5 Reasons You Must See Toni Stone This Baseball & Theatre Season
She played ball with the boys, bested them on the baseball diamond, and broke barriers for both African Americans and women from the 1930s to the 1950s. Lydia R. Diamond's new play Toni Stone breaks the mold in bold ways, much like its title character. Based on Martha Ackmann's book Curveball, The Remarkable Story of Toni Stone, Roundabout Theatre Company is presenting the premiere production beginning May 23 at the Laura Pels Theatre.
Here are 5 reasons to witness the remarkable Toni Stone—the play and the woman.
1. Toni Stone was the first woman to play pro baseball on a team of men.
In 1953, Toni Stone signed a seasonal contract with the Indianapolis Clowns of the Negro American League, placing her in the history books. Even more impressive, she took over second base, the position previously occupied by future home run legend Hank Aaron. Although the owner of the Clowns hired her as a publicity stunt to sell tickets, Toni held her own on the field and at bat, proving that her experience "barnstorming" in the semi-professional leagues of the Midwest was no fluke. Her unmatched stats spoke volumes about her skills.
2. Toni was a champion for equality on and off the field.
Because of her race, Toni was ineligible to join the American Girls Baseball League. And, because of her age, she was ineligible to enroll in the American Legion league. Nevertheless, she played on, changing her name from Marcenia to Toni and telling managers she was 10 years younger to get to bat. Even after she finally began playing semi-professionally on the San Francisco Sea Lions, Toni quit that team for another because she wasn't given equal pay to the men. Toni knew her worth and fought hard for recognition.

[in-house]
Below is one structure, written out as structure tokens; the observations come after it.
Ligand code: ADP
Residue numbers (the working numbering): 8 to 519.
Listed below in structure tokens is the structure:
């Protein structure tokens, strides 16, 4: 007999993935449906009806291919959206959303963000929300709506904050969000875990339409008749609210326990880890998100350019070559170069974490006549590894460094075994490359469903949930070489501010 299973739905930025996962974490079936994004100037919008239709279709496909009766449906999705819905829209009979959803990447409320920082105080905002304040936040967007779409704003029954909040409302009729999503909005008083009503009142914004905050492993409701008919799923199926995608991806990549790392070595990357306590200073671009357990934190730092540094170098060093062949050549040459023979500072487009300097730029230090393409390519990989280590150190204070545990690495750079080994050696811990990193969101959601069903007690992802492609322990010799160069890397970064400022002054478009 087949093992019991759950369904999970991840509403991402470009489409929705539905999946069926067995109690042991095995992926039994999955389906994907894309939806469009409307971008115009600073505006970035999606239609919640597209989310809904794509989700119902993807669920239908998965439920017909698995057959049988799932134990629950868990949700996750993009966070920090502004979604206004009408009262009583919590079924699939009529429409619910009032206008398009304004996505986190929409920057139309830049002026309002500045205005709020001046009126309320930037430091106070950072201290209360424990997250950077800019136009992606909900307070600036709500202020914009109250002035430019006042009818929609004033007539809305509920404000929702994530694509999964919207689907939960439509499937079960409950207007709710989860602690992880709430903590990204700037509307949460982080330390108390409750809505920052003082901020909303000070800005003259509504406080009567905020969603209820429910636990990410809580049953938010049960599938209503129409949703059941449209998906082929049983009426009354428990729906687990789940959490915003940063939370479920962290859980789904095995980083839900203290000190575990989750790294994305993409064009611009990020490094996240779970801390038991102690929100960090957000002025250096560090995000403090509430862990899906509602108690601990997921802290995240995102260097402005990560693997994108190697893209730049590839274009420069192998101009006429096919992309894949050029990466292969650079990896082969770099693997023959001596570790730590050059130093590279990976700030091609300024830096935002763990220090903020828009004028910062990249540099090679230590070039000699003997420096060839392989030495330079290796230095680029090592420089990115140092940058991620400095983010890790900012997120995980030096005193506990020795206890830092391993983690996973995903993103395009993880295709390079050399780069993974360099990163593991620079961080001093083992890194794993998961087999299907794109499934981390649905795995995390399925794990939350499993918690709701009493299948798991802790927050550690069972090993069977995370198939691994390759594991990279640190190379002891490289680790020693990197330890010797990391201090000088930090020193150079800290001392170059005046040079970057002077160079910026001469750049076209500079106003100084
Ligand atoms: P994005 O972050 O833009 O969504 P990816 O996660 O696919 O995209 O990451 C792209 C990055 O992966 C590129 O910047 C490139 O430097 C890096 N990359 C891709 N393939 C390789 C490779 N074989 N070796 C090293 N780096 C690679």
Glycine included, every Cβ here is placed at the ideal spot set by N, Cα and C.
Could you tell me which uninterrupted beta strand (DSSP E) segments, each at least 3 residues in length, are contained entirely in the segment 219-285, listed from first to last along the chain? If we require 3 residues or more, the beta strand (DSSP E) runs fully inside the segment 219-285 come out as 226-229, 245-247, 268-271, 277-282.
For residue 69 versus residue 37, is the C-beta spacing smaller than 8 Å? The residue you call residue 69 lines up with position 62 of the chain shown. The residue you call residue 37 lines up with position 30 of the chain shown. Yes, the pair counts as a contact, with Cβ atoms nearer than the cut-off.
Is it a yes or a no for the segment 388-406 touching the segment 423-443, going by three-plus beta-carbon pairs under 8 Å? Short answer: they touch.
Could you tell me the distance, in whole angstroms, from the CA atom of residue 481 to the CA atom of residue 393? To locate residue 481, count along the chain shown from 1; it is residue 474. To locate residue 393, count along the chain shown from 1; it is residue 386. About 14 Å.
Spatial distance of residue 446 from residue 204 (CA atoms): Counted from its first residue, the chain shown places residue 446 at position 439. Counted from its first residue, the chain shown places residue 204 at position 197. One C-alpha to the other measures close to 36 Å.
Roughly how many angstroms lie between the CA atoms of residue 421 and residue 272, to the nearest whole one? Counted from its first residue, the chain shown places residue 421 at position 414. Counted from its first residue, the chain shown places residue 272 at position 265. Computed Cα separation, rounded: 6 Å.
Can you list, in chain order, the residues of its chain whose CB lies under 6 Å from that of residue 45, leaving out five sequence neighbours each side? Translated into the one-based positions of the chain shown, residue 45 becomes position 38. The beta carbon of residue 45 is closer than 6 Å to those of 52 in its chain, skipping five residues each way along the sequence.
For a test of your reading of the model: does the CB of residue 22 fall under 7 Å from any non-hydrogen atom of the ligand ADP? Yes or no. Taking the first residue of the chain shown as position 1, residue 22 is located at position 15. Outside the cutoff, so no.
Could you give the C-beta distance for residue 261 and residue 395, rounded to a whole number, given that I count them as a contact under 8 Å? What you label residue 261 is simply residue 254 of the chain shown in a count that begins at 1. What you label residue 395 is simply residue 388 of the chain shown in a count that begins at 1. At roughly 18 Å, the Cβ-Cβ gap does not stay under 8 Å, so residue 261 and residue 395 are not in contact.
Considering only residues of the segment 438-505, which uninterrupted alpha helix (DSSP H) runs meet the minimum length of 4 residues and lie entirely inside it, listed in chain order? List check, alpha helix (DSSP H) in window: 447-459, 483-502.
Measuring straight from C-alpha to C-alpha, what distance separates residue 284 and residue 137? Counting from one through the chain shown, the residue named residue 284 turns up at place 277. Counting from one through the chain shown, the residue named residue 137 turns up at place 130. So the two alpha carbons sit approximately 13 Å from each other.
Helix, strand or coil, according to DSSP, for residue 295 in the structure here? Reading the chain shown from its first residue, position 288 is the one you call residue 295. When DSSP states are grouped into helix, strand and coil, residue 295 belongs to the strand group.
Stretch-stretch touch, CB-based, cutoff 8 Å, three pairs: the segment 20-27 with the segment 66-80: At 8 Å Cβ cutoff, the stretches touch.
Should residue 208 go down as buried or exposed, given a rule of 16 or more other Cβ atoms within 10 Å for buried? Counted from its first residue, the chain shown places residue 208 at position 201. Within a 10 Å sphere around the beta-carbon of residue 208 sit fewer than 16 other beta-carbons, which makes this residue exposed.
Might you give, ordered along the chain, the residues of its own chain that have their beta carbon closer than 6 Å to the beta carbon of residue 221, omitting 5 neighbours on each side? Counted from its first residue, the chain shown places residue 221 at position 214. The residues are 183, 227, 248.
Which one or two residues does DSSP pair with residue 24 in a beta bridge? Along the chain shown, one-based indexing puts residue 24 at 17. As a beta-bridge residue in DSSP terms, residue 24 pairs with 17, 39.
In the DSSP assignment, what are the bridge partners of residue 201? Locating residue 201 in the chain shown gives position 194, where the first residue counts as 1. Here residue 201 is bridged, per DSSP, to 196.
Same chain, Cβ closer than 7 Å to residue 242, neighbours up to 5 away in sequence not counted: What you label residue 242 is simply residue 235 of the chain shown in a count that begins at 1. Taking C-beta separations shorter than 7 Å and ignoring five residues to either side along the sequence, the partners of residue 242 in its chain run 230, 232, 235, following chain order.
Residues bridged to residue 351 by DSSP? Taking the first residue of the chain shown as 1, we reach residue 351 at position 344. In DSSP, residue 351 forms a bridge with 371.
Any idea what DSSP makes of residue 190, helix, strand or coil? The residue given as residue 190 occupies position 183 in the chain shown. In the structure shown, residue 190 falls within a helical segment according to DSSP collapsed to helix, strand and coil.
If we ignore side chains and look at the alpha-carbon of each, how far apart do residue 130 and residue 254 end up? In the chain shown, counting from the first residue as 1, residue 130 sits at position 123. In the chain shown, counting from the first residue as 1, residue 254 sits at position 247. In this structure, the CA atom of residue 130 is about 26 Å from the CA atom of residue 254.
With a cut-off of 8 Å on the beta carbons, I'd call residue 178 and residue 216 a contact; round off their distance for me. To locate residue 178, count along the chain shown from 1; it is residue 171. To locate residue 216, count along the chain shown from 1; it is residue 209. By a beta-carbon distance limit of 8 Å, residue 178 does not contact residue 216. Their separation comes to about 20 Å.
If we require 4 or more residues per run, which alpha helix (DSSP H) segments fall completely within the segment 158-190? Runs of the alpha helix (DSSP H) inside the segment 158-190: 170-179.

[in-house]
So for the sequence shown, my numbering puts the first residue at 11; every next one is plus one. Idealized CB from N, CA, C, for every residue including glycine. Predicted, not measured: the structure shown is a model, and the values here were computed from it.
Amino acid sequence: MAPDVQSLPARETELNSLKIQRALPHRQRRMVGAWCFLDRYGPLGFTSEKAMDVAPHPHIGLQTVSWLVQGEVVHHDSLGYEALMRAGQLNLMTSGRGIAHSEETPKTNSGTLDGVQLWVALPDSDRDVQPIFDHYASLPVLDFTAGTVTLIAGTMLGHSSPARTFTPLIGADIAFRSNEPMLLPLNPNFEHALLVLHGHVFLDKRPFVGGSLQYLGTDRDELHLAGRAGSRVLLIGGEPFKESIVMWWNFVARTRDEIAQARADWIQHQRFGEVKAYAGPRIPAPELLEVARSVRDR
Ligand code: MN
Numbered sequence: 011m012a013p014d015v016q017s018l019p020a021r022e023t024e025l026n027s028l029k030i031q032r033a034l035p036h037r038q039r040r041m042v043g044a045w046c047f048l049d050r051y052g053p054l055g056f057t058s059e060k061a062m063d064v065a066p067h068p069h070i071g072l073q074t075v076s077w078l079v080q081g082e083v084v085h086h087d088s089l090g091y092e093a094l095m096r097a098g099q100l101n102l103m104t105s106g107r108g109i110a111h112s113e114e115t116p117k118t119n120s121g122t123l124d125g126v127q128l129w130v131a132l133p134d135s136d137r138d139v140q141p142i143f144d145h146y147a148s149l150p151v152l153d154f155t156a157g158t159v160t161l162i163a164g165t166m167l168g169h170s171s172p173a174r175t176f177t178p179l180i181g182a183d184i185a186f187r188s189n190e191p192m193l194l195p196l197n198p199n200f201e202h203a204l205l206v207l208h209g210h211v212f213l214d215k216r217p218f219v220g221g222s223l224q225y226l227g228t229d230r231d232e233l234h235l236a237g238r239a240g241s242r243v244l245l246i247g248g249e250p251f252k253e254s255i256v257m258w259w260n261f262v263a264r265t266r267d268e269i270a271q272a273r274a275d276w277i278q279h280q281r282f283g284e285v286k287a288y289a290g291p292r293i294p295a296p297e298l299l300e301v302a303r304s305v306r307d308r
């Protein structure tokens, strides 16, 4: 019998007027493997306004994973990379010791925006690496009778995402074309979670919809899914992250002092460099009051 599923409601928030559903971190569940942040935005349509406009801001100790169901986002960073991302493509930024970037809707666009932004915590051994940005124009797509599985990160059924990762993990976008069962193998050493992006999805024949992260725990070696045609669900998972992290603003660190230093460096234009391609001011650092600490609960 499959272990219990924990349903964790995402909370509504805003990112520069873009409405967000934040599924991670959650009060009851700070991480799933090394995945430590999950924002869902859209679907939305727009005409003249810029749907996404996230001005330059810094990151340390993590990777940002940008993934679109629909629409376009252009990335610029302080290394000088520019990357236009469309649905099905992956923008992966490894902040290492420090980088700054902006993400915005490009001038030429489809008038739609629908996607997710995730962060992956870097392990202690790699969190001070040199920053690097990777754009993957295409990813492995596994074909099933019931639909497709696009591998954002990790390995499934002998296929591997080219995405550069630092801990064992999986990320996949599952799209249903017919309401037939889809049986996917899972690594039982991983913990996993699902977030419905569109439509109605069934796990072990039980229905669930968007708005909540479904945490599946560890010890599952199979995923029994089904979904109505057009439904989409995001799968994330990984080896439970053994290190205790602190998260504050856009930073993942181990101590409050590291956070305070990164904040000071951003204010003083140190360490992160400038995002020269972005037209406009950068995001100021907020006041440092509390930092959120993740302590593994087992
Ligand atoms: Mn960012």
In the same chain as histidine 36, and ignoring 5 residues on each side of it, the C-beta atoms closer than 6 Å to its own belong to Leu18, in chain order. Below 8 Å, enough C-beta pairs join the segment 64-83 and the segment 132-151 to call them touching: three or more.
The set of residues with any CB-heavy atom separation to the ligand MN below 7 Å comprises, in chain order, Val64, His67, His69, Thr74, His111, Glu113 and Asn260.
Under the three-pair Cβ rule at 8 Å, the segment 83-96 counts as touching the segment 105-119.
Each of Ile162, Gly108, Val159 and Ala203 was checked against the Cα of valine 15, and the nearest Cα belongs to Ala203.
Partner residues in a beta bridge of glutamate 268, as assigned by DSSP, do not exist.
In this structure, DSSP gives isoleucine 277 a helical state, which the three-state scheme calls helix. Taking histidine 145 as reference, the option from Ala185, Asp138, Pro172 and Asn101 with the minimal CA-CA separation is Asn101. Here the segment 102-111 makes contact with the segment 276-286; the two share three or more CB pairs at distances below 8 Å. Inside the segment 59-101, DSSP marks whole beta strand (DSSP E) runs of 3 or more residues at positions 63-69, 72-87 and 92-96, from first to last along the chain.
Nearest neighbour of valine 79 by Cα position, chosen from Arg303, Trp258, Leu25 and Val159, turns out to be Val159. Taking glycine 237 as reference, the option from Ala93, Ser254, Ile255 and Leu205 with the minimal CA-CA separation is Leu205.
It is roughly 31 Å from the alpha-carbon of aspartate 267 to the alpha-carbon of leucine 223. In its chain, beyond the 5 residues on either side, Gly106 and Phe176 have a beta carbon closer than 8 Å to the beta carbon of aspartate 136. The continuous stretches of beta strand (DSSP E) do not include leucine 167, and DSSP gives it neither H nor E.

3. The play is created by an all female creative team.
Toni Stone not only brings a remarkable story to the stage, it also brings together a remarkable trifecta of women at the top of their game. Playwright Lydia R. Diamond is most well known for her Broadway play Stick Fly. Director Pam MacKinnon received the Tony Award for Best Direction of a Play for the revival of Who's Afraid of Virginia Woolf? and a Tony nom for Clybourne Park. And, Camille A. Brown choreographed the Tony nominated Once On This Island revival and Emmy Award-winning Jesus Christ Superstar: Live In Concert on NBC featuring John Legend.
4. Yes, a choreographer is working on a play.
Lydia's retelling of Toni's life features both naturalistic and pantomime motions in a baseball "ballet." To bring that to life, Camille workshopped ways to seamlessly move between the action on and off the field, and through space and time at the drop of a bat. The choreographer's work in the theater and her dance company frequently focuses on capturing the African American experience, and Toni Stone was a natural fit.
5. This isn't Toni's first time in New York.
In the summer of 1954, Toni stepped to the plate at an exhibition game in Yankee Stadium—the same diamond where Mickey Mantle and Yogi Berra played hours before. Now fielding for the Kansas City Monarchs (Jackie Robinson's former team), Toni faced the Indianapolis Clowns, this time with two new women players: Connie Morgan and pitcher Mamie "Peanut" Johnson. Toni paved the way for other women, but their success was short-lived—the Negro Leagues began to break up as the Major Leagues integrated. Although she has been included in the Baseball Hall of Fame, Toni Stone's story was not shared widely like more well-known barrier breakers. This production is about to change that.